The metric system was officially introduced by a law passed on December 17, 1923. However, old Thai units are still in common use, especially for measurements of land which is often quoted using the traditional Thai system of waa, ngaan and rai. Old-timers in the provinces will occasionally use the traditional Thai system of weights and measures in speech, as will boat-builders, carpenters and other craftsmen when talking about their work. Here are some conversions to use for such occasions:

Thai system

Metric System
1 square wha 4 square meters
1 ngan (100 square wha) 400 square meters
1 rai (4 ngan) (1 sq cen) 1600 square meters
1 baht 15.16 grams
1 tamlung (4 Baht) 60 grams
1 chang (20 tamlung) 1.2 kg
1 haap (50 chang) 60 kg
1 niu 2 cm
1 kheup (12 niu) 25 cm
1 sawk (2 kheup) 50 cm
1 waa (4 sawk) 2 meters
1 sen (20 waa) 40 meters
1 yoht (400 sen) 16 km
1 kwien 2,000 liters
1 ban 1,000 liters (2 ban=1 kwien)
1 sat 20 liters (50 sat=1 ban)
1 tannan 1 liter (20 tannan=1 sat)

 

Buying a Condo

Buying Condo in Thailand

Foreigners or expatriates prefer to lease or buy condominiums in Thailand. Some buy it for retirement while others buy it to rent out and only use it as a holiday home. There are different options with regards to property in Thailand.

Buying a condo in Thailand is much easier that trying to buy a villa or a house as a foreigner may not own land in Thailand. You can own the structure but not the land that it is located on. This does present many problems hence people prefer to buy a condo unit. some of the most popular locations tend to be Jomtien in Pattaya and Phuket. Bangkok is not that high on the list when it comes to the number of expats living in Thailand who own their own homes.

The condo that you buy has to be certified as a condo. The Condominium Act defines what a condo is and the certification process. If you are buying a secondhand property it is always best to have an attorney view the agreement and the title deed which the owner more likely than not has as very few condo units sold between foreigners have mortgage bonds on them.  Now, this is very important. The amount of units in the condominium complex may not be owned by more than 49% foreigners. Many foreigners register the condominium in the name of a Thai registered company and this does not affect the ration as it is viewed as being Thai owned.

Due diligence should always be performed before you sign any agreement in Thailand with regards to property. Consult any of our attorneys in Thailand with regard to having due diligence completed on the property before purchase.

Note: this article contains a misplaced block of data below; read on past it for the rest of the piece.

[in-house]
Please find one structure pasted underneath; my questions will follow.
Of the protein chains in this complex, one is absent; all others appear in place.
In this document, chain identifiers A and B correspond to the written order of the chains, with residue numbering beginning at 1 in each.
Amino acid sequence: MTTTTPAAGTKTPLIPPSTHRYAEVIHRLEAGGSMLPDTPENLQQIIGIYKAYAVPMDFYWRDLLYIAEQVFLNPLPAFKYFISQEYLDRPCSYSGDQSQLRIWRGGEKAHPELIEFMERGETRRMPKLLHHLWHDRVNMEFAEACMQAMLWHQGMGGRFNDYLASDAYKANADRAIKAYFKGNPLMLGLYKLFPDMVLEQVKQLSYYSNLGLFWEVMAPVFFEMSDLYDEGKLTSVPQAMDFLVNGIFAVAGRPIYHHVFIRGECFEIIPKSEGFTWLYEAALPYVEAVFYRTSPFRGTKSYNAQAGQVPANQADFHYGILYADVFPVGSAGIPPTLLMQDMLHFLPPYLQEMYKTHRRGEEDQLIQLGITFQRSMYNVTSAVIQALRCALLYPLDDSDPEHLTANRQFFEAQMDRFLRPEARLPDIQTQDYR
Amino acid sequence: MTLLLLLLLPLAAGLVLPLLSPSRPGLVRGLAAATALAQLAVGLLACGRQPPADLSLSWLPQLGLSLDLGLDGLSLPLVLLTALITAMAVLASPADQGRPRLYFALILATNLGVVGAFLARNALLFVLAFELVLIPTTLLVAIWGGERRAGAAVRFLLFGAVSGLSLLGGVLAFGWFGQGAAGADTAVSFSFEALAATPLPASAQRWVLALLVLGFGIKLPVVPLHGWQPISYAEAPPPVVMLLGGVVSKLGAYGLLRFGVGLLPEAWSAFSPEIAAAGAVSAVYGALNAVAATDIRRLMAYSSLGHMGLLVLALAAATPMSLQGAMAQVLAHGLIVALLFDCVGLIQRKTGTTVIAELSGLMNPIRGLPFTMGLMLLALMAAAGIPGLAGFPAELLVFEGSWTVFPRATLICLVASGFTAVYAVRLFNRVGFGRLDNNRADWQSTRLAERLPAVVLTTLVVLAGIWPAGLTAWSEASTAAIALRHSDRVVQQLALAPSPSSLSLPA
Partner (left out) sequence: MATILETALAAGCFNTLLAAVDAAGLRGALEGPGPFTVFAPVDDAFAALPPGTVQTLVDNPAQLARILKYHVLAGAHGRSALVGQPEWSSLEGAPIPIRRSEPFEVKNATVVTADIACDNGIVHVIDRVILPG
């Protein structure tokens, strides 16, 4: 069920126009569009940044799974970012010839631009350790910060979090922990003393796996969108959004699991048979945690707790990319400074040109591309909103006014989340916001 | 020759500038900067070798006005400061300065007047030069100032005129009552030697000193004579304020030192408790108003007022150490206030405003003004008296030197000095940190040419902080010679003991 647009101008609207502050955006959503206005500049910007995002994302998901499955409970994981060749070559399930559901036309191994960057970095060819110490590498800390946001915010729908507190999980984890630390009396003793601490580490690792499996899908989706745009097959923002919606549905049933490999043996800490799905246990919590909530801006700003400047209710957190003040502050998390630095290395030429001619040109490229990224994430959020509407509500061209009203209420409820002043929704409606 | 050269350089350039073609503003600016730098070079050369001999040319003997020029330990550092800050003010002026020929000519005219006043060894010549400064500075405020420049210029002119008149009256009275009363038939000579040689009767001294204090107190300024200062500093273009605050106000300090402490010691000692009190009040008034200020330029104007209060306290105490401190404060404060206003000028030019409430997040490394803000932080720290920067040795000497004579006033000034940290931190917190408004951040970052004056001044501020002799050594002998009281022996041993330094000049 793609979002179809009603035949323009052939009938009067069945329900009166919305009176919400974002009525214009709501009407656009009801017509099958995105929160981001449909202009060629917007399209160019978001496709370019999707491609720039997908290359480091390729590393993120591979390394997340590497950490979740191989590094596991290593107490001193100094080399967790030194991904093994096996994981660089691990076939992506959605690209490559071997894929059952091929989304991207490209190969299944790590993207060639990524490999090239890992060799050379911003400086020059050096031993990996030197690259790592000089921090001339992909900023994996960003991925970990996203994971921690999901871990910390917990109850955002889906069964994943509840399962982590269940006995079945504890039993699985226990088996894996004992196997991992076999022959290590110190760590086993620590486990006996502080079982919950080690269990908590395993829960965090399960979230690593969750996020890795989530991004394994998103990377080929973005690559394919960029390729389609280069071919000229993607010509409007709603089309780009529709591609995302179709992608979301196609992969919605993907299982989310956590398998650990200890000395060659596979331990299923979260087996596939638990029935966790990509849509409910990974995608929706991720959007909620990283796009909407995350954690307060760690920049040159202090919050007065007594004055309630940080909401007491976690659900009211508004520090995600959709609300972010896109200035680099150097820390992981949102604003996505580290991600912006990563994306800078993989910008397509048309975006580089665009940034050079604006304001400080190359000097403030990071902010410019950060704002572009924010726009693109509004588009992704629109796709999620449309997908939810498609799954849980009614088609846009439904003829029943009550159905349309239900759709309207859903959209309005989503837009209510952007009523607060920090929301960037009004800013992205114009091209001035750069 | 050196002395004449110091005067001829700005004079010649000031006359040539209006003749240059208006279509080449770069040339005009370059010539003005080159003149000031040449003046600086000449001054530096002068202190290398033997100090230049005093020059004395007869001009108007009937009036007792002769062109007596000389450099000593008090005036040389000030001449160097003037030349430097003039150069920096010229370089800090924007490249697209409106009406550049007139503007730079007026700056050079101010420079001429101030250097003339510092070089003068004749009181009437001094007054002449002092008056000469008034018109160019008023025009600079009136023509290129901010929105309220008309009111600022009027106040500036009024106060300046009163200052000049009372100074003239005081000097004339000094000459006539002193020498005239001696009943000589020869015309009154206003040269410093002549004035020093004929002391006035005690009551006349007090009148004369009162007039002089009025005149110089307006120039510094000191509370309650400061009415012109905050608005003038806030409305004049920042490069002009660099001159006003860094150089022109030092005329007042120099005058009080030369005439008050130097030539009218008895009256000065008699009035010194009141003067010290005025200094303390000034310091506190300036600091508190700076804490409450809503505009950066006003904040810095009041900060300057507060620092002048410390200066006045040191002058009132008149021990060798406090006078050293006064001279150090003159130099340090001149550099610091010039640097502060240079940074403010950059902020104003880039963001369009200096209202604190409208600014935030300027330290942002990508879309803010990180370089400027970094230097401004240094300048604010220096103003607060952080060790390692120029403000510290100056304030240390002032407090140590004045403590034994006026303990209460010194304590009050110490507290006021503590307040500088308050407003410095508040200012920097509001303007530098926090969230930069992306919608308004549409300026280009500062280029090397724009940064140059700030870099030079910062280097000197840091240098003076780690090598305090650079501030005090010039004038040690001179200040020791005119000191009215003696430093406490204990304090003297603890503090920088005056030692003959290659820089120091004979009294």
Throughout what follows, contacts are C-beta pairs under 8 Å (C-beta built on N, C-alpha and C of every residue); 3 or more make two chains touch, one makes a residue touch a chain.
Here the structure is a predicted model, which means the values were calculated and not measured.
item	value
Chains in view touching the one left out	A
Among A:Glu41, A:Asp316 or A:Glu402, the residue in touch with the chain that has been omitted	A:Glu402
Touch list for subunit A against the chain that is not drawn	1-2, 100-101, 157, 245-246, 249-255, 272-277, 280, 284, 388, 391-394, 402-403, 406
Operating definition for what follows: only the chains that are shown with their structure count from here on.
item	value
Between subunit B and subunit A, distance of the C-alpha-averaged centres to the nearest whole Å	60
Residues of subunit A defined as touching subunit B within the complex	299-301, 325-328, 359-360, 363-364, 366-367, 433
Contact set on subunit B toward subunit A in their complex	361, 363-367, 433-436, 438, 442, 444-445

Fractional Ownership

Fractional ownership has not taken off well in Thailand where it concerns the locals. With a lack of laws governing fractional ownership it is still mainly foreigners who buy into it. There are however questions raised about the 49% condo ownership rule.

When buying a condo complex in Thailand foreigners may not own more than 49% of the units. With timeshare or fractional ownership now on the rise in Thailand questions are being raised about the current law regarding 49% ownership. Phanom Kanjanathiemthao, managing director of property consultant Knight Frank Chartered (Thailand) had this to say with regards to the current debate about property ownership in Thailand.

Restrictions on the foreign ownership of property create difficulties for developers using fractional ownership, who have to apply diverse strategies to attract Thai buyers, said Mr Phanom.

“Many properties in Pattaya and Phuket are not affordable for Thai buyers due to very high prices,” he said. “They cannot even buy with leasehold prices in some projects. Even a discounted price remains unaffordable for them.”

To encourage foreign buyers and prevent problems associated with using Thai nominee companies to purchase property for foreigners, Mr Phanom suggests extending the maximum property leasehold for foreigners to 75 or 90 years, from the current 30 years. In Vietnam, the government is amending the law to allow foreigners to own residential units, similar to Singapore and Malaysia.

“Today almost every country allows foreigners to buy property but they have a committee to set the conditions on what properties foreigners can own and how many they can hold,” he said.

Creating zones where foreigners could own condominiums outright was another approach, he said. Extending the maximum leasehold would benefit Thais and the country, said Praphaisith Tankeyura, managing director of Boathouse Hua Hin Co Ltd.

“We have to accept that almost all properties in Phuket and Samui now do not belong to Thai people,” he said.

Boathouse was among many projects that had to adjust their strategies to cope with shrinking foreign demand. Fractional ownership is a new concept in Thailand so speak to an attorney before you buy into any property scheme. There are currently no laws governing the concept and this might leave the system open to abuse.